100 Simple Secrets of the Best Half of Life : What Scientists Have Learned and How You Can Use It
The Simple Science of Living Life to the Fullest What do people who enjoy the second half of their lives do differently than those who dread getting older Sociologists, therapists, and psychiatrists have spent entire careers investigating the ins and outs of successful aging, yet until now their findings have been inaccessible to ordinary people, hidden in obscure journals, to be shared only with other experts. Now David Niven, the international bestselling author of the 100 Simple Secrets series, has collected the most current and significant data from more than a thousand of the best scientific studies on the second half of life. These findings have been boiled down to one hundred essential ways to find and maintain happiness, health, and satisfaction, every day of your life. Each statistic is accompanied by a true story showing the results in action. IT'S IN YOUR HEAD : People over the age of fifty who did not think of themselves as old were 39 percent more likely to be happy.
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April 05, 2005
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Excerpt from 100 Simple Secrets of the Best Half of Life by David Niven
Happiness Is Not an Accident
We have strategies for most things in our lives -- from work, to games, to how to get home from town two minutes faster. But we leave some of the most important parts of our lives, like our happiness, to chance. Happiness is not like height; you don't just get a certain amount and then have to live with it. Happiness can be improved -- if you know what you are doing and what you are not doing, and you care to change.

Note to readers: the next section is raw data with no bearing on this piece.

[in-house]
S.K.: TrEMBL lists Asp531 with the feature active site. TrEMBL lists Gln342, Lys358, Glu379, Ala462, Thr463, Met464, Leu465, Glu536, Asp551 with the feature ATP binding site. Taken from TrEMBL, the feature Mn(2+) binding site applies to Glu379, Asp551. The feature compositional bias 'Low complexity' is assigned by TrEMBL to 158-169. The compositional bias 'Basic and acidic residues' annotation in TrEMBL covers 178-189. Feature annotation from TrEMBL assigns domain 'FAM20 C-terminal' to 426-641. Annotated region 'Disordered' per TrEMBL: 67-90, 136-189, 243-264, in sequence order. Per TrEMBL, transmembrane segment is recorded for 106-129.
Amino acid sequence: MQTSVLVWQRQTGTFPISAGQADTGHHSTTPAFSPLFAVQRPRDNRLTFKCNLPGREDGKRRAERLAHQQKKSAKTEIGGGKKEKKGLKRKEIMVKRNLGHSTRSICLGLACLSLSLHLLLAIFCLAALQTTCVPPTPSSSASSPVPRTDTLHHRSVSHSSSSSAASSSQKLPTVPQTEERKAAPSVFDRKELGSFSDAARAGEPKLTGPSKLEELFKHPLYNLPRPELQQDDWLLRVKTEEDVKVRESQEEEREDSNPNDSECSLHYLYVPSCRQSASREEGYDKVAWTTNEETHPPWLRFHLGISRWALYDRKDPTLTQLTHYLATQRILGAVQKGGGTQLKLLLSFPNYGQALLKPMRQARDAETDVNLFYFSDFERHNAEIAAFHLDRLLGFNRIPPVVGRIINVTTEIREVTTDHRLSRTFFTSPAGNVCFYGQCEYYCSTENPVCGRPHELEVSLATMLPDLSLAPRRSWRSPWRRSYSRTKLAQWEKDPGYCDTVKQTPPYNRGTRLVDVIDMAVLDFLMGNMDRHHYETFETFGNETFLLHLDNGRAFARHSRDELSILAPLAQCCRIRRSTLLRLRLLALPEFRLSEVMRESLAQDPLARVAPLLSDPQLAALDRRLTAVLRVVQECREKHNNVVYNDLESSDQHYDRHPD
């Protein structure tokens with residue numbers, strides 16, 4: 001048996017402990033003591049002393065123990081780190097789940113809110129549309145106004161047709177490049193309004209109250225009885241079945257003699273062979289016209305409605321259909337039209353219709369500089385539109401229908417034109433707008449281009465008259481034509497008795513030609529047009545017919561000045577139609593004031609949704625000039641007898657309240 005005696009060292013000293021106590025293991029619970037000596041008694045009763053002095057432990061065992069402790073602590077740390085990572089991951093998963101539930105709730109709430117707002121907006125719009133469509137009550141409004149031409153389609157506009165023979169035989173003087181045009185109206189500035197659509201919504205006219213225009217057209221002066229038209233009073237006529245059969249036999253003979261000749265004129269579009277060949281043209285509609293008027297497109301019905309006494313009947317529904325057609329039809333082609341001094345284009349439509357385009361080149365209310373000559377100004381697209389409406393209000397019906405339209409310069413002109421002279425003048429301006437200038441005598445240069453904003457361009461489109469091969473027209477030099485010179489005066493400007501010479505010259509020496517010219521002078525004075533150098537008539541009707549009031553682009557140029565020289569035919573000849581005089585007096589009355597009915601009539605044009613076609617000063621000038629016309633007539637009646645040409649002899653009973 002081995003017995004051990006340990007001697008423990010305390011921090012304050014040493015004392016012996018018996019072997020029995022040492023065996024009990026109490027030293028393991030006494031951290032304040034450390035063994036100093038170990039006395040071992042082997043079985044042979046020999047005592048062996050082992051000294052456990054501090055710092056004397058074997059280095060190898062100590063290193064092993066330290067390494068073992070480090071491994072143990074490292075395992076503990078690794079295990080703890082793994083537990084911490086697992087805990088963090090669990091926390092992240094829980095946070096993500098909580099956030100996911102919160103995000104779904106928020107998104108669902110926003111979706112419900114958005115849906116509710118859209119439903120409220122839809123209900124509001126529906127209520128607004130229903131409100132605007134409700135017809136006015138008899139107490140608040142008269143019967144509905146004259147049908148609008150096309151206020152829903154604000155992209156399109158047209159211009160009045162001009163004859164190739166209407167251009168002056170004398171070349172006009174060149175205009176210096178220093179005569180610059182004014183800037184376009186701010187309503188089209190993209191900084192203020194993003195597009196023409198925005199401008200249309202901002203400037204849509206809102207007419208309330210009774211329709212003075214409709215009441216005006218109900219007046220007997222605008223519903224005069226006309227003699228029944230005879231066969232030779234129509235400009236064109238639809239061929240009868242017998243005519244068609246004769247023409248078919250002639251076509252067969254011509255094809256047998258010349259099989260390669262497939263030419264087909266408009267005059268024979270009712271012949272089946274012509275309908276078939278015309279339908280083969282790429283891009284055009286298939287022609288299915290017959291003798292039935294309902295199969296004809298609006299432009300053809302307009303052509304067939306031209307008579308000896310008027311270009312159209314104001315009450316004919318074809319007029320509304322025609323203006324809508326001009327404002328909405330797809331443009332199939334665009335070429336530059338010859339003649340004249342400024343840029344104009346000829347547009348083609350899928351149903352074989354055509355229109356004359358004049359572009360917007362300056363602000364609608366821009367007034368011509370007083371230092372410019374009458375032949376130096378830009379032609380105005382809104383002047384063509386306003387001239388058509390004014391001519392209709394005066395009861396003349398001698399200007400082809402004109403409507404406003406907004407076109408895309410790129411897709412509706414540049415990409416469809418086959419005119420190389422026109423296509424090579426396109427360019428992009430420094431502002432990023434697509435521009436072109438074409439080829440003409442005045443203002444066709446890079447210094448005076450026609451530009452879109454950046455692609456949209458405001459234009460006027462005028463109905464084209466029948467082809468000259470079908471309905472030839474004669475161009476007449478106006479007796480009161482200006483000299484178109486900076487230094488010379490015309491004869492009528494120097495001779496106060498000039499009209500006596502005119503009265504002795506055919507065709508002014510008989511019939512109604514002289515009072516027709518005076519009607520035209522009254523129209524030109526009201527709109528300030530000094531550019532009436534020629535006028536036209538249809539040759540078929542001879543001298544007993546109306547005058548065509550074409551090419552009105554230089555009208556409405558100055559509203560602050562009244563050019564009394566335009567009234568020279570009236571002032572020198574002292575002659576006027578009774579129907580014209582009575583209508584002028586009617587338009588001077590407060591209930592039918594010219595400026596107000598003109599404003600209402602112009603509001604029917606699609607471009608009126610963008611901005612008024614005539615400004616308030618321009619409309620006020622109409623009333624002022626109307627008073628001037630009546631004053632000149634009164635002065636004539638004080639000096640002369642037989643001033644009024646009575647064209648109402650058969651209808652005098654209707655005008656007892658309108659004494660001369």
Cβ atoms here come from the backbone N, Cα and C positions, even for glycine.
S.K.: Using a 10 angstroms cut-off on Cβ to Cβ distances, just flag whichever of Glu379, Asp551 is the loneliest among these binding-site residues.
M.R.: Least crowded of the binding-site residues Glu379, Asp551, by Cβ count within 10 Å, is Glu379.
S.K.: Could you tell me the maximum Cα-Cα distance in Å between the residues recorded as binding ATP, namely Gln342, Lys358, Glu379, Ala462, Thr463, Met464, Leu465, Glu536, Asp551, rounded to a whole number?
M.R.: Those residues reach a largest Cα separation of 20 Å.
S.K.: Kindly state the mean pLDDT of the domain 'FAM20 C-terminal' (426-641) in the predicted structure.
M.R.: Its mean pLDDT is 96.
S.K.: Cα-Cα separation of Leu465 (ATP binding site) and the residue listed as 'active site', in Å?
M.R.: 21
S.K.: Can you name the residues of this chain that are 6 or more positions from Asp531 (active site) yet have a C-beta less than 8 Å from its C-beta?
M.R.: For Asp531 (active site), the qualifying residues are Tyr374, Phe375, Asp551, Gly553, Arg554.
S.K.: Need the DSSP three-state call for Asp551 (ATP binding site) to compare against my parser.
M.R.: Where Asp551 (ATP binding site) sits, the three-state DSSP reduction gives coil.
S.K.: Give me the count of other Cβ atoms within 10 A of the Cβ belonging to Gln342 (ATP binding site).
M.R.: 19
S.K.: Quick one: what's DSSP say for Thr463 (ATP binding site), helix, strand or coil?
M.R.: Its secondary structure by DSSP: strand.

For Patrick, it started with a request from a neighbor. The neighbor had played the part of Santa Claus for several years, creating a tradition of a visit from Santa to all the children in the neighborhood. But one year, Santa had a cold and asked whether Patrick could take over for him that day.
Patrick donned the suit and passed out candy canes and good wishes to all the neighborhood children, calling them each by name and convincing them he was for real. "When I put on the suit, I actually felt like Santa Claus," Patrick says. "It was a truly magical feeling."
When the old Santa saw how much Patrick enjoyed the job, he told Patrick he would be happy to let him take over. Patrick saw the potential for sharing some joy with others and expanded the reach of his duties from his neighborhood to area hospitals. "Sick children would light up when they saw me," Patrick recalls. "I would sit with them, and they would smile from ear to ear. It was such an honor to be able to bring them a good feeling like that."
Over the years the Santa suit wore out and Patrick upgraded to a top-of-the-line model -- "the kind they use at the really good malls," he explains.
Patrick has been playing Santa for so long now that he's beginning to see the children of the children he saw as Santa when he first started out. But Patrick has no plans to find a new man for the suit. "Santa never retires," he says.
Researchers found that the majority of the subjects they
studied were not able to identify anything they had done
recently to try to increase their happiness or life satisfaction.